Renee DeSilva 17:28
Let’s stay on that. I know this is a personal passion of yours. You recently wrote a LinkedIn article about the steps that one can take if they want to prepare themselves for a board seat. You talked about some of them — building your brand, the importance of having scale, investing in some of the training and education that would be needed. What are some other things that you would offer advice for or advice around for people who are looking for their first board role?

Andrew Chastain 17:58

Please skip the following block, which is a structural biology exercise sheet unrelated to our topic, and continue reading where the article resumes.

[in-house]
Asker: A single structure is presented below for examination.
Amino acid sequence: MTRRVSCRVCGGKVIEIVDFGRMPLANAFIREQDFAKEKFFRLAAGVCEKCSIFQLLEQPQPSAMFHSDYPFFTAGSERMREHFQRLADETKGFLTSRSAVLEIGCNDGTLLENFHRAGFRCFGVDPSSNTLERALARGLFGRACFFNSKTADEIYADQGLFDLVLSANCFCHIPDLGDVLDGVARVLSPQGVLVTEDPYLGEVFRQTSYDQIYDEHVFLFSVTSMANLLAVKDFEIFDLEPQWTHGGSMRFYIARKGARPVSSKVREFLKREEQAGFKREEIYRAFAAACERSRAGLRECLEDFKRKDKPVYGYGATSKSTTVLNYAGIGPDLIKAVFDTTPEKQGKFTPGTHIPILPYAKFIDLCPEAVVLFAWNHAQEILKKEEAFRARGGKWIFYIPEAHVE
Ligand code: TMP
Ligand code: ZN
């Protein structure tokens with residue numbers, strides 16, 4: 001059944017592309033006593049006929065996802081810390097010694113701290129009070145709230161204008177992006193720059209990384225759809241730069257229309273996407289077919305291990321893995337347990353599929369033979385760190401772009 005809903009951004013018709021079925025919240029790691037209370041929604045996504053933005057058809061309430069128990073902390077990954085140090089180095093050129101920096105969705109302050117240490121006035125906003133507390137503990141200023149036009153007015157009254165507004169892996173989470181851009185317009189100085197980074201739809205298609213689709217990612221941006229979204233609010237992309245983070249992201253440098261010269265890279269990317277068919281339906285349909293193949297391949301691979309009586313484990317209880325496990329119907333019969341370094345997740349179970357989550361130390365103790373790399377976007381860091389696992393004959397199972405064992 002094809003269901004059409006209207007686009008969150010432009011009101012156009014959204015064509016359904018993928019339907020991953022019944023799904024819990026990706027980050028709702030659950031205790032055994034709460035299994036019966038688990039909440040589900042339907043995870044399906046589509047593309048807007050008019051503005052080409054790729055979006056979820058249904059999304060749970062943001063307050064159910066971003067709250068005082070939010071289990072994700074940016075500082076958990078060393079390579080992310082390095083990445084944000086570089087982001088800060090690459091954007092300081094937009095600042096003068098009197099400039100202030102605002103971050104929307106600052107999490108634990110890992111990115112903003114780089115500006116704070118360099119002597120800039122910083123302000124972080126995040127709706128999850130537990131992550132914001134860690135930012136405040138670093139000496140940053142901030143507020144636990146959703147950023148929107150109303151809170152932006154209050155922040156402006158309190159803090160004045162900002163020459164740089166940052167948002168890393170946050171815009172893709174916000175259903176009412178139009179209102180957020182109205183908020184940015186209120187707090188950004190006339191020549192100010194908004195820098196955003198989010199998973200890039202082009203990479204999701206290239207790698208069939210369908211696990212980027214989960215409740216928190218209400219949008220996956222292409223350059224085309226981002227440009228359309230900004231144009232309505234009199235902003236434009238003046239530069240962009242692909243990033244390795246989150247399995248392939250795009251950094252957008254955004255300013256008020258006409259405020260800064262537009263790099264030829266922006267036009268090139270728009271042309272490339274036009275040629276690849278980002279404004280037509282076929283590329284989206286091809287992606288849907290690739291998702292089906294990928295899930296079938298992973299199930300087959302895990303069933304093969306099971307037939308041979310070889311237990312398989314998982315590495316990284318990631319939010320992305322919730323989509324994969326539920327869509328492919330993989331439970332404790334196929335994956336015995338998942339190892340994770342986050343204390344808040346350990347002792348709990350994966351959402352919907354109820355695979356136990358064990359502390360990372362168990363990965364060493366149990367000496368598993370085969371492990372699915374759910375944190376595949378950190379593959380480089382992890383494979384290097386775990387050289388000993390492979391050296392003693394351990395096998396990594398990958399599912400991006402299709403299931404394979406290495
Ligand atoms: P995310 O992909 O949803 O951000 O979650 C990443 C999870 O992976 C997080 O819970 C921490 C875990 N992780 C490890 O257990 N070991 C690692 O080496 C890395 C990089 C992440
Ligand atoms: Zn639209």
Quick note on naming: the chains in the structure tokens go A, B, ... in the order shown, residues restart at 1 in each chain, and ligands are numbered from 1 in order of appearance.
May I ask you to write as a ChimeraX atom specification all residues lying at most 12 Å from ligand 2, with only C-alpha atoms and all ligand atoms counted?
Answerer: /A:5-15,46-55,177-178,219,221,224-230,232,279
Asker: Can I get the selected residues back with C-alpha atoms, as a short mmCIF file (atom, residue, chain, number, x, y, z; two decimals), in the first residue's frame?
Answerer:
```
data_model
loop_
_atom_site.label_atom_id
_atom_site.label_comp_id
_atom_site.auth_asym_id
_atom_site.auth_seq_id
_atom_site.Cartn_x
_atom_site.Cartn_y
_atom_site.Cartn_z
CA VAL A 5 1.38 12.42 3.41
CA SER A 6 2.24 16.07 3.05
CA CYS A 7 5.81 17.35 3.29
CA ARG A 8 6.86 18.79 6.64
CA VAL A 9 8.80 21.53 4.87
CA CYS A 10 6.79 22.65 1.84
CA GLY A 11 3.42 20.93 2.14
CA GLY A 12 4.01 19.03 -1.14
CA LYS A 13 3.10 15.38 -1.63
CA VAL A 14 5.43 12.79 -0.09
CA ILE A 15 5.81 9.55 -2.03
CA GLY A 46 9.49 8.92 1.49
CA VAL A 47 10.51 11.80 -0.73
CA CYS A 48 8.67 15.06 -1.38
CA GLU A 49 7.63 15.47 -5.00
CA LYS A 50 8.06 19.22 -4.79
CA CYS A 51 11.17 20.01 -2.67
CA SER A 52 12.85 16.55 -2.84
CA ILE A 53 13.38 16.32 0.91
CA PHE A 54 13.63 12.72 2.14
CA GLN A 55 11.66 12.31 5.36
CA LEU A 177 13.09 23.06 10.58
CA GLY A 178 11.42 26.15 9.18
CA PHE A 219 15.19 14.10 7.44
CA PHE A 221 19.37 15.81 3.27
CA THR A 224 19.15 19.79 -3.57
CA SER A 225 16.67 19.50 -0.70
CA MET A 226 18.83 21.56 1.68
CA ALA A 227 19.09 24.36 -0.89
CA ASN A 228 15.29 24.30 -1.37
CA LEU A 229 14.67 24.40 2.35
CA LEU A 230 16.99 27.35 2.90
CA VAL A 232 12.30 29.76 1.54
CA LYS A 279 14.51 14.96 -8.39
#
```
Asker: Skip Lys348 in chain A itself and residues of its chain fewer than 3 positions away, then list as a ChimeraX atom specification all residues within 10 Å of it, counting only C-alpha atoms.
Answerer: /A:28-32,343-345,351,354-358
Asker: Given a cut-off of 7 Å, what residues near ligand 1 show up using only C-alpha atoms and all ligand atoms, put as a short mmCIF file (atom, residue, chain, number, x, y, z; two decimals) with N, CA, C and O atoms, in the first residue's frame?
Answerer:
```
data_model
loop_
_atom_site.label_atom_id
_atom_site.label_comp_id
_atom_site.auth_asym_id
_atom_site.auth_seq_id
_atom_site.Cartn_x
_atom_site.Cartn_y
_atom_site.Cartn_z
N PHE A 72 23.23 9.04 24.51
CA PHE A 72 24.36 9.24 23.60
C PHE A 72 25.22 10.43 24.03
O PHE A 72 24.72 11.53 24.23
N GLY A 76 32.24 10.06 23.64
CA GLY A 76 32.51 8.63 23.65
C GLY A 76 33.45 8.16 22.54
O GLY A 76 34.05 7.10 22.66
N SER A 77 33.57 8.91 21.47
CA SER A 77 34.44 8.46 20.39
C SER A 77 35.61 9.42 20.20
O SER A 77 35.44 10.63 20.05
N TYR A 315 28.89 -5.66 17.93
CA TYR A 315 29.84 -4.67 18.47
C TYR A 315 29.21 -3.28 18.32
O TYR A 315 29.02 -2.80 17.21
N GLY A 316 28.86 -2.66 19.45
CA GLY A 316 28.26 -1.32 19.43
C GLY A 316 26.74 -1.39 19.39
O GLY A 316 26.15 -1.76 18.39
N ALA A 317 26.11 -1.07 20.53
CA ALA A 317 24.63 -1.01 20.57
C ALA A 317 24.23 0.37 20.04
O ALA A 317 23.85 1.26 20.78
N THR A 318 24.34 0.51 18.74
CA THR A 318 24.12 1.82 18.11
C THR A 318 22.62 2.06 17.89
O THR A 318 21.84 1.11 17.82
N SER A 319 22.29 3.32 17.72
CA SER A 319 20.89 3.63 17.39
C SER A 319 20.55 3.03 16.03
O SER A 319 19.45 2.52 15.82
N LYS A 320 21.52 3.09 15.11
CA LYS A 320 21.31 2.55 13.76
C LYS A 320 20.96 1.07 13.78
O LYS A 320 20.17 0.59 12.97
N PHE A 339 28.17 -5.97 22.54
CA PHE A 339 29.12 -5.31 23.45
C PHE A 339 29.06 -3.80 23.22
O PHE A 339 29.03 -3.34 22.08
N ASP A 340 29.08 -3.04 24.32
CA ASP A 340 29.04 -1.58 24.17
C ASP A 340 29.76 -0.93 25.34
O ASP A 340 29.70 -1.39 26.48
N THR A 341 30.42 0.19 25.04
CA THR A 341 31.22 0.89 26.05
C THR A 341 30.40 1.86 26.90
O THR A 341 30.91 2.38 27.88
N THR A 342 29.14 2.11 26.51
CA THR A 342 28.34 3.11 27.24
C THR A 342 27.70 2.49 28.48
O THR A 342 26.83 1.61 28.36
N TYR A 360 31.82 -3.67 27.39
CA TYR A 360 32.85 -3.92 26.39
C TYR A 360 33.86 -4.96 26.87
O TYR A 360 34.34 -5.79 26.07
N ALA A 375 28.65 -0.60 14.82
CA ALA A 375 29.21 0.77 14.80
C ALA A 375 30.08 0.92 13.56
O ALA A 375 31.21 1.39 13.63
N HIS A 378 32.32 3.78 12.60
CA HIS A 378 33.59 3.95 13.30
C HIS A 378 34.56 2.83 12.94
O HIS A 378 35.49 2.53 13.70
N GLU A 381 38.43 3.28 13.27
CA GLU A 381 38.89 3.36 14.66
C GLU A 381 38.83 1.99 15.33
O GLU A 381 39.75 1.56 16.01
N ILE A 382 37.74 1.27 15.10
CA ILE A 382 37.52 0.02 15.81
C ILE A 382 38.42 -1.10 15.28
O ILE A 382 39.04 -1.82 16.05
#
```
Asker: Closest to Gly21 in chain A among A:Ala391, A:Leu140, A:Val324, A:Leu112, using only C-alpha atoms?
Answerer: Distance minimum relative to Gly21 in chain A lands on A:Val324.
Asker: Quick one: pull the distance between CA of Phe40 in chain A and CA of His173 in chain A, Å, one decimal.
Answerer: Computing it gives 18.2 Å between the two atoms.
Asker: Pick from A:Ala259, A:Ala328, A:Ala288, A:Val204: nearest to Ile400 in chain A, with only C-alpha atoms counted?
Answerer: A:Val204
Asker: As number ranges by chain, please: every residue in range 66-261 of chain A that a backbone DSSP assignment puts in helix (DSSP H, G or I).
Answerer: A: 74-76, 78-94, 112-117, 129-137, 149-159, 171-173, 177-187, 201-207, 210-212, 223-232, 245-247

Sure. In addition to building your brand around it, you promote yourself a little differently when you’re looking for a board seat. Creating a board bio is different from a resume, but it highlights those things that might help you catch the eye of a board beyond your expertise, the strengths that you build. It’s organized just a bit differently than a resume. You need to gauge the time commitment that you can put forth into this. The easiest way to catch the eye of a corporate board or a large health system board is to get involved with something that you’re passionate about on the not-for-profit side which allows you to show that you are involved enough, that you’re interested enough, and that you can take on leadership inside of a board. It is hard to convince a public board that you would be a good board member should you not have experience in what compensation committees do and how you govern the audit and finance committee, how you evaluate risk at a governance level versus a management level. Start small and simple by getting involved in something. Another is that you need to clear it with your employer. It is a big time commitment. Most organizations encourage their senior leadership team to be involved both in their community and with other governance opportunities. However, there are a few of my clients, large multinational retailers if you will, who have so many conflicts of interest that they can’t allow their senior leadership team members to serve on boards. You’d want to clear that with HR and compliance before you put your name out there. You want to know why you’re wanted. This is a really important thing, I think particularly for candidates who come from underrepresented minority backgrounds. You want to know that the organization is looking at your skills and experiences as much as they are looking at you for the diverse background that you might bring unless you’re comfortable with that being the reason that they’re most interested in you. On my board, I have diversity and I’ve not chosen to have an executive on my governance team who is diverse lead my diversity, equity, and inclusion council because he comes from an accounting background. He’s much more involved in the accounting pieces, but he does bring diversity of thought and diversity of experience to the board as we’re making strategic decisions. If a board is wanting an individual to be there to represent diversity, equity, and inclusion but they come from a legal or compliance background, it could present an awkward future. I always make sure that candidates ask that question about, what is it about me and why should I want to be on this board?